Oops, it's been a few months - lotsa stuff been happening. Well, I'm no longer employed by Uncle Walt anymore, as are about 250 other people with the shut down of the Australian studio. With my Wife and Daughter, we decided to relocate back to Melbourne. As we have a house there that we rent out, it made sense to reclaim it; plus there would also be less competition for work - well, I wouldn't be competing with 40 odd other animators up in Sydney. Before starting work tho' we got busy with some post-tenant renovations. So this is what we've been up to for the past couple of months. Ripping up the existing carpet. Main bedroom. Carpet up, wardrobe doors removed, skirting boards and architraves removed, new internal doors hung. Lounge room (same as first). Wow, look at all that dust. Lots of sanding to prepare for new colour scheme.Spare bedroom. Site of more sanding carnage. That's the bathroom vanity sitting in the middle of the floor.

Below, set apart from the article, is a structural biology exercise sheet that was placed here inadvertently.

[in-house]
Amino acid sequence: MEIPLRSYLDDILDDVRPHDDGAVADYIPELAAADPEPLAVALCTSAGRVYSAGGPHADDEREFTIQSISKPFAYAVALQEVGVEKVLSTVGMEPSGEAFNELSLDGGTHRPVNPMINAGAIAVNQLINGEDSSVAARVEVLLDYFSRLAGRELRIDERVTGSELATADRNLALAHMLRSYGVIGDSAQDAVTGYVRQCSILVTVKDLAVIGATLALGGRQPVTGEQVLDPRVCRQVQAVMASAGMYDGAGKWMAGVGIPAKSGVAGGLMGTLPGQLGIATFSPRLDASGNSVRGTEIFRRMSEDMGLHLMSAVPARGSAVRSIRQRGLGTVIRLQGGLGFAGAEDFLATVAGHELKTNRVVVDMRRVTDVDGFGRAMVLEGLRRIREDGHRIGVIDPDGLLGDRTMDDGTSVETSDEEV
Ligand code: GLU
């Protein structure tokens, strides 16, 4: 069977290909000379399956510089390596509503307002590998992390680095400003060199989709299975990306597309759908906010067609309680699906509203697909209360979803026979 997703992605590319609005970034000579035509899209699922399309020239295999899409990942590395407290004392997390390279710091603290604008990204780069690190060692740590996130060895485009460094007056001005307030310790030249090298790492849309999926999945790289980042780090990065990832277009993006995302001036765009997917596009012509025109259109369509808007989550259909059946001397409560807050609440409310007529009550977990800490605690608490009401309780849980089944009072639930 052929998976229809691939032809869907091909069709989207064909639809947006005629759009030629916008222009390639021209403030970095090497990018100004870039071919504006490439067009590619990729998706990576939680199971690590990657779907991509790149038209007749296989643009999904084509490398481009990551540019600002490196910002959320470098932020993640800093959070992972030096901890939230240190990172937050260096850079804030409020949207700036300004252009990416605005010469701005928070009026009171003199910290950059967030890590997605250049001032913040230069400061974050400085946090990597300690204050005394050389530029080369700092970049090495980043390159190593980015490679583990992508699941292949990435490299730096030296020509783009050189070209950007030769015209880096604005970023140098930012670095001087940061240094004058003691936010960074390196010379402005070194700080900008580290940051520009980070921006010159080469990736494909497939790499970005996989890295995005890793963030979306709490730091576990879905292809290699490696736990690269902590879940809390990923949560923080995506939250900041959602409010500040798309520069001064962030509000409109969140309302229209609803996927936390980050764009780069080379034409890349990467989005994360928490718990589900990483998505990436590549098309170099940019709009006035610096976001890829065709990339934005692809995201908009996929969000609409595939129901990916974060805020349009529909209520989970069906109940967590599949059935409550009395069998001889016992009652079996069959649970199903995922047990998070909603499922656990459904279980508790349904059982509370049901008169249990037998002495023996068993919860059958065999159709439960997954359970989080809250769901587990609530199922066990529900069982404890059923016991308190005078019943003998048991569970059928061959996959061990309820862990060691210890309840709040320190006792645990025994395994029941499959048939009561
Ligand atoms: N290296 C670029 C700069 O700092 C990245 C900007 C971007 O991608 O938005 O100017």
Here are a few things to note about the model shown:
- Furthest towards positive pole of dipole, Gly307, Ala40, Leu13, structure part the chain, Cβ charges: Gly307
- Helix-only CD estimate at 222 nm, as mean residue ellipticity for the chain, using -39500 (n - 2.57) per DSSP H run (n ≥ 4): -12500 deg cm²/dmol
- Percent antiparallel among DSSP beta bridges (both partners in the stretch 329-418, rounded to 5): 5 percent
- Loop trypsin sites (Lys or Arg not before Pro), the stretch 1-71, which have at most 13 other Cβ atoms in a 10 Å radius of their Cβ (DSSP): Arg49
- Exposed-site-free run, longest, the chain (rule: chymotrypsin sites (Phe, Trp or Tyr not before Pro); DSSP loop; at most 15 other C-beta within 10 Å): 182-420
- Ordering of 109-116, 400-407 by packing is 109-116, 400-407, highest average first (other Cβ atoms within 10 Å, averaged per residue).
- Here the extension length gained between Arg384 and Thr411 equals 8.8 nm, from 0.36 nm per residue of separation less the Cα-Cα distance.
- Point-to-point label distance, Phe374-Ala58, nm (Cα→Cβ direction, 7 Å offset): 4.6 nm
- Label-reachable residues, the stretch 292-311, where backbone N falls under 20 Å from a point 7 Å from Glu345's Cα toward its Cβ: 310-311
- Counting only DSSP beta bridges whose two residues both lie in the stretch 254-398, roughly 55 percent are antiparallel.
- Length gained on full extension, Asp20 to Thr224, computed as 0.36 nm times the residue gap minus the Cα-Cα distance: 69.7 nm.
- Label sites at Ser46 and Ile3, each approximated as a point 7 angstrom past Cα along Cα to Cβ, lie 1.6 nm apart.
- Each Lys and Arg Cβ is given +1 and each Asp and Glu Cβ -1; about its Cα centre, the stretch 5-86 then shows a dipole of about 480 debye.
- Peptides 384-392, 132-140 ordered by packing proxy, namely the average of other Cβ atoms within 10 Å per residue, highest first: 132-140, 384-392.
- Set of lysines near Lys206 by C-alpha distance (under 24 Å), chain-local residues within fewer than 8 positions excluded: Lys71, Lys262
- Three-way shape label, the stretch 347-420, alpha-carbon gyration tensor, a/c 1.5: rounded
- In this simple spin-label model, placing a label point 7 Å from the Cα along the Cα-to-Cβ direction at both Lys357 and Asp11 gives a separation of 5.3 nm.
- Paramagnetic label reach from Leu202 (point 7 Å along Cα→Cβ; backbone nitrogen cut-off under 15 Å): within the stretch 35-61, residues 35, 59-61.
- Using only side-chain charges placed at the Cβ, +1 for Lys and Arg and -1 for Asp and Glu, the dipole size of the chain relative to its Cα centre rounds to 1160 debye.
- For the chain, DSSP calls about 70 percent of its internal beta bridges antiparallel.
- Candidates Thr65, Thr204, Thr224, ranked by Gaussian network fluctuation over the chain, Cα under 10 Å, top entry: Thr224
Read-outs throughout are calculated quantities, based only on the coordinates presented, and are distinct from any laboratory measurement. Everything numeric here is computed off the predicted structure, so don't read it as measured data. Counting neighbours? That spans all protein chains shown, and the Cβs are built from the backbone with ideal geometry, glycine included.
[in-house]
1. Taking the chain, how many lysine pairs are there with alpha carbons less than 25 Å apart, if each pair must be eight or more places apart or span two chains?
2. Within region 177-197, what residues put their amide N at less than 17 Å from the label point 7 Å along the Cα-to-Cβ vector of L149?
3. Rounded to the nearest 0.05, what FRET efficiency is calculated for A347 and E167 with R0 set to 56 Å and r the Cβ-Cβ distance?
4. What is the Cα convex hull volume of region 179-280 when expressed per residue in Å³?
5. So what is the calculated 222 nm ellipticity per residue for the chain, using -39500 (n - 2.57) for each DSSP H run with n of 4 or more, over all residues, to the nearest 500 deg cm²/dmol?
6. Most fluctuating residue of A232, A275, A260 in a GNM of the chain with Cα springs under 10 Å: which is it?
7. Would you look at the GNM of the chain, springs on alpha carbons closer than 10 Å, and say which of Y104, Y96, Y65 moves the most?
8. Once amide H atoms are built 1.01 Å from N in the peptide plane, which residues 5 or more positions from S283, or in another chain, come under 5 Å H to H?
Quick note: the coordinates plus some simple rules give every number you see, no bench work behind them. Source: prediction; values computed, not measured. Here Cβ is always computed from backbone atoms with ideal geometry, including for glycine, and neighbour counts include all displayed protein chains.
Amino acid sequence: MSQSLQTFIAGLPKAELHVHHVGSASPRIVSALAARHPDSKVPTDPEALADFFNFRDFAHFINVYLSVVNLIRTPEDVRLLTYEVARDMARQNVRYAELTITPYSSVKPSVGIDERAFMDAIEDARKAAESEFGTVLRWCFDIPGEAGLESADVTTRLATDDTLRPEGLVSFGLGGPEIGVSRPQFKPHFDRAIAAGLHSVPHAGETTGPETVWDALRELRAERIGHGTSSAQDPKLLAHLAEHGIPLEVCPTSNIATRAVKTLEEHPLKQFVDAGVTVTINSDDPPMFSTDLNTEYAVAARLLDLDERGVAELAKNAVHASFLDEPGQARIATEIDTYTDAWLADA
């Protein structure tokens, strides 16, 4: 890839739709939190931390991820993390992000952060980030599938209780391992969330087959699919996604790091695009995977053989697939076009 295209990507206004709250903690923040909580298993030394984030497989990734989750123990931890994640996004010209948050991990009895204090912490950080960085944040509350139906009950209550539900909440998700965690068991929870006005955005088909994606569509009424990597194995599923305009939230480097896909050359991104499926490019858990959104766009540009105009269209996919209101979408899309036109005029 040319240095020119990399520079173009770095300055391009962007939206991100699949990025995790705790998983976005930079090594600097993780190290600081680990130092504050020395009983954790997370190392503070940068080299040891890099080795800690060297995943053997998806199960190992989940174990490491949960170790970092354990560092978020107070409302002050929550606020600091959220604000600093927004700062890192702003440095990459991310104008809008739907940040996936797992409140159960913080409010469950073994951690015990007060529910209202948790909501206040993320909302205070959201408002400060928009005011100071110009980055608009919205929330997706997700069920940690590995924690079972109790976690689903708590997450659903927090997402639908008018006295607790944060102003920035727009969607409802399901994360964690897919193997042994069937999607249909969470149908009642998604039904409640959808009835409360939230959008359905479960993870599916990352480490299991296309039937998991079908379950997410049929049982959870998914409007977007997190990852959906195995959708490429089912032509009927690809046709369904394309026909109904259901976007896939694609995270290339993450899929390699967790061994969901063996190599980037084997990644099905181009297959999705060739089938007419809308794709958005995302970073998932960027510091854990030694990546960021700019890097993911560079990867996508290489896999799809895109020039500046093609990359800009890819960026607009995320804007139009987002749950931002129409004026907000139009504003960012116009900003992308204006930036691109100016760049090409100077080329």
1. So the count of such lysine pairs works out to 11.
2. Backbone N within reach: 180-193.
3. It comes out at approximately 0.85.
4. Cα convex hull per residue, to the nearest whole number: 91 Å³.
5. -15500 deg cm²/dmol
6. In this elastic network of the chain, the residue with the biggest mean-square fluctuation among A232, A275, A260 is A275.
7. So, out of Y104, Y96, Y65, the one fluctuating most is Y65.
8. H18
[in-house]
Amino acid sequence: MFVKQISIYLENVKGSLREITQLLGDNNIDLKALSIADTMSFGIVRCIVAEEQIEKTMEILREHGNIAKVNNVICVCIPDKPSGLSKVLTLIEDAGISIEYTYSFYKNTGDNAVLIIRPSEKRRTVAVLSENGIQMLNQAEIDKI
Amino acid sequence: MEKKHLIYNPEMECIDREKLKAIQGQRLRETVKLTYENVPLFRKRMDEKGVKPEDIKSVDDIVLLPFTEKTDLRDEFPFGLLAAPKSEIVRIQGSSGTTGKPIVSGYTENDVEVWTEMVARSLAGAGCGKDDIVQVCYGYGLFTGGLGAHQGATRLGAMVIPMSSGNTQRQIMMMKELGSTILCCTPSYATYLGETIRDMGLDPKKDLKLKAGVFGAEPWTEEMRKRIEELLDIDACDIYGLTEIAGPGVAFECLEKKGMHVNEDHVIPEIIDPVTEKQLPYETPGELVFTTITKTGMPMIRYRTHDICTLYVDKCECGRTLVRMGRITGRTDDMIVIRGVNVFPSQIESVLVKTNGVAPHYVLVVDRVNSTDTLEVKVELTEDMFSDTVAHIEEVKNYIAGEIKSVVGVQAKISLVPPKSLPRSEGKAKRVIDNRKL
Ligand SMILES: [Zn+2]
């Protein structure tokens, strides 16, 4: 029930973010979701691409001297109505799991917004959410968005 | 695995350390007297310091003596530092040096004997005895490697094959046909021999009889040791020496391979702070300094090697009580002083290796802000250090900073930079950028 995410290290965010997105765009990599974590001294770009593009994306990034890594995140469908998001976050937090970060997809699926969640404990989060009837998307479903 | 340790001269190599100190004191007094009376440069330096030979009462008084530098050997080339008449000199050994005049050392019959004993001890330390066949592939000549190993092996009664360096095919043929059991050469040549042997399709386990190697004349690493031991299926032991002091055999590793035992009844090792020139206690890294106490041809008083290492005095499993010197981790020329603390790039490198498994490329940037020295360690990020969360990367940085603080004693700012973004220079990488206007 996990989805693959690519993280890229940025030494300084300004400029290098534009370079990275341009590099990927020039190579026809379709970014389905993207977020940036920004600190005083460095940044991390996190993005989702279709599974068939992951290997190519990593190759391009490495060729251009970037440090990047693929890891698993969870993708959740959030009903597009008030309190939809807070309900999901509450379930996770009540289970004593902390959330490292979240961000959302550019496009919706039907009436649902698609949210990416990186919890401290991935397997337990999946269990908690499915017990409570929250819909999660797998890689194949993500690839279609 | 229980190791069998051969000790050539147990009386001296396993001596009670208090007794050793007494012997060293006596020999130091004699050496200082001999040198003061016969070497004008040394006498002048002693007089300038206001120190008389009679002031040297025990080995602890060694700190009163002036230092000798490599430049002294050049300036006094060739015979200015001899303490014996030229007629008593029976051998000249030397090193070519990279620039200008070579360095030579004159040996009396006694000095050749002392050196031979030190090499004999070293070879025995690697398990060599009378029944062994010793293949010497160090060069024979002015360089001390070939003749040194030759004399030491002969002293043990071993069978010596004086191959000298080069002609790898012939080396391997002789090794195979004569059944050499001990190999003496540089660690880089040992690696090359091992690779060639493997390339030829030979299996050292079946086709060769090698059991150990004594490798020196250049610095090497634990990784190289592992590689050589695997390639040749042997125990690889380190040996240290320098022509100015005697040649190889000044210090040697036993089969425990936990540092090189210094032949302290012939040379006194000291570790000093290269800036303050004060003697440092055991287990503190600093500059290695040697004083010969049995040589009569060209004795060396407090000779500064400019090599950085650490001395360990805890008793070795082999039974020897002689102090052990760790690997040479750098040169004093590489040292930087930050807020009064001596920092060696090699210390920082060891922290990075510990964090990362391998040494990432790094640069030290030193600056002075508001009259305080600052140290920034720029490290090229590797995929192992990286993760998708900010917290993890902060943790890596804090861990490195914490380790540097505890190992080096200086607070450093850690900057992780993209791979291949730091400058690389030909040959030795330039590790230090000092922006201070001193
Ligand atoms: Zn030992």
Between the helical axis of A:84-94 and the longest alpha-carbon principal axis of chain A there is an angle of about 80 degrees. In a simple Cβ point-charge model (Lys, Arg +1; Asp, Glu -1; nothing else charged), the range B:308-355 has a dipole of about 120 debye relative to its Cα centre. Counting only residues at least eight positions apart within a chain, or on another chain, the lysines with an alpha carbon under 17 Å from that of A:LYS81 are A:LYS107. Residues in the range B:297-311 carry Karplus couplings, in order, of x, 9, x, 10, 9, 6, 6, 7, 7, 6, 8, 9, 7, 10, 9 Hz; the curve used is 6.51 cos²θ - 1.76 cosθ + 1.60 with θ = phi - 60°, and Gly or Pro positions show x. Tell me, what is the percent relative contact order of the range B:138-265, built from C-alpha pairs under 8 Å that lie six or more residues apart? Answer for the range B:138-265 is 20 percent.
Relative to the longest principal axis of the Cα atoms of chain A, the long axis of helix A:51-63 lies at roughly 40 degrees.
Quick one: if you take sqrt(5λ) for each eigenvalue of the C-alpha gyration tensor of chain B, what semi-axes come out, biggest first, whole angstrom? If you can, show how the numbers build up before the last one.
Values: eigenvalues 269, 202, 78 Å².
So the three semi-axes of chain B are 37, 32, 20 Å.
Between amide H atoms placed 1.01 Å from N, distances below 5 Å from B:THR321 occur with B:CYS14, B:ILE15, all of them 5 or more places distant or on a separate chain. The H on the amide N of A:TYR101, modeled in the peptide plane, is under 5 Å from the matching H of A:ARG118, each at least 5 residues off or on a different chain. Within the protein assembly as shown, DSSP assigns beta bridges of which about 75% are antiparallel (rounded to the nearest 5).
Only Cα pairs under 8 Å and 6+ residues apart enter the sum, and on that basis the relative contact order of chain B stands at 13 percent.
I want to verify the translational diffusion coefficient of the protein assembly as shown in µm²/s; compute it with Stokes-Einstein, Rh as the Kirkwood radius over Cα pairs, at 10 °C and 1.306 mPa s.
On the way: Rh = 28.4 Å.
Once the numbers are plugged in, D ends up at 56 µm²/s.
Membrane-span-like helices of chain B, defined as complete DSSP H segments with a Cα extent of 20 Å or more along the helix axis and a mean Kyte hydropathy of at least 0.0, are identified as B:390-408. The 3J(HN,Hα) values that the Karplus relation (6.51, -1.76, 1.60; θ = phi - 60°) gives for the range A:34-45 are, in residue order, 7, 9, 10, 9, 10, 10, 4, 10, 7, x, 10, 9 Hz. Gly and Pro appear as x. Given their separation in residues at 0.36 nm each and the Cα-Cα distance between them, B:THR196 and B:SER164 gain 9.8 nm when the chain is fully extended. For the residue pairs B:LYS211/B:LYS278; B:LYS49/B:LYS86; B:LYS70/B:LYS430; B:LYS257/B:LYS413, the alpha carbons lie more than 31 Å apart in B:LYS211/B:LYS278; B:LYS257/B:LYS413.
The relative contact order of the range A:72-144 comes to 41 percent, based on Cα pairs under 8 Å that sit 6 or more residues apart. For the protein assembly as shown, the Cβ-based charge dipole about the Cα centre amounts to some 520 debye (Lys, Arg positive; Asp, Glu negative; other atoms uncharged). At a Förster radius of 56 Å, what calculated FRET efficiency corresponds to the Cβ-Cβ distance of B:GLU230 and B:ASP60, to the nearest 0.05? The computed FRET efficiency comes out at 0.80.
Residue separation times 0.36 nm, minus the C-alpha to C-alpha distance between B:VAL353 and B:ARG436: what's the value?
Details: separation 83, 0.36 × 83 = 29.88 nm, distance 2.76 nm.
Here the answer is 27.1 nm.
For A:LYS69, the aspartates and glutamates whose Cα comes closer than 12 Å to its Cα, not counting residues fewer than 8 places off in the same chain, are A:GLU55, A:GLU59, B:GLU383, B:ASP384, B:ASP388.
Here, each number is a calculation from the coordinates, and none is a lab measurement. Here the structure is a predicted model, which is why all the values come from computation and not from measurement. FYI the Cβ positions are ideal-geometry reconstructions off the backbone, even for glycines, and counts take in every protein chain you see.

For those of you who've been looking and wondering after the initial splurge of posts, "where's some more?", sorry I've been rather busy. I've now got a week left of employment in the animation department of Uncle Walt's Aussie Studio. Next Friday the animation department will cease to be as approximately 40 animators are released onto the job market. So, I've been busy polishing the showreel, acquiring further work, packing up our house as well as trying to stay motivated at work. You could hardly say that many animators would claim that they got into animation to work on a character such as Cinderella. I know I didn't. A feminine, realistic character with subtle acting is not on most animators wish list, especially when trying to crank it out at ten feet a week and knowing that you'll be out of a job at the end of it. But it has provided some unique and rewarding challenges. All that life drawing experience is put to great use- having to really understand anatomy, and solid drafting is really put to the test. Each drawing now takes more time- the ruff has to be carefully thought through paying particular attention to construction and proportion to avoid headaches down the track at the tie-down stage. Not that construction and proportion are to be ever played down, but as any of us know who've tackled a realistic character there is very little forgiveness. We are so familiar with how humans move that something the slightest bit out will look hokey. And that's all amplified in the tie-down stage as those drawings now take twice as long, with such little room for error. And then to really cap it all off, we have to make her act and look alive and not "as stiff as a board". I suppose the most appealing thing about animation as a career (apart from being paid to draw) is the constant challenges, of tackling something new; and the pay-off is obviously achieving it. In that regard, this show has been quite rewarding. Whilst not my favourite, I actually surprised myself by including a number of scenes from it on my reel. Above is a fairly simple one, during one of Cindy's emotional low points, a simple short piece of dialogue and a turn and walk away- but one that I felt I pulled off rather well. This was the scene where after a couple of months of struggling with the model, it finally clicked into place. One of the benefits of the studio shutting down is that it forces you to take notice of your surroundings. I rarely made copies of my scenes before (I have the shot versions archived), but on this show I have photocopied the actual drawings from a number of my scenes now, and regret not doing it more earlier.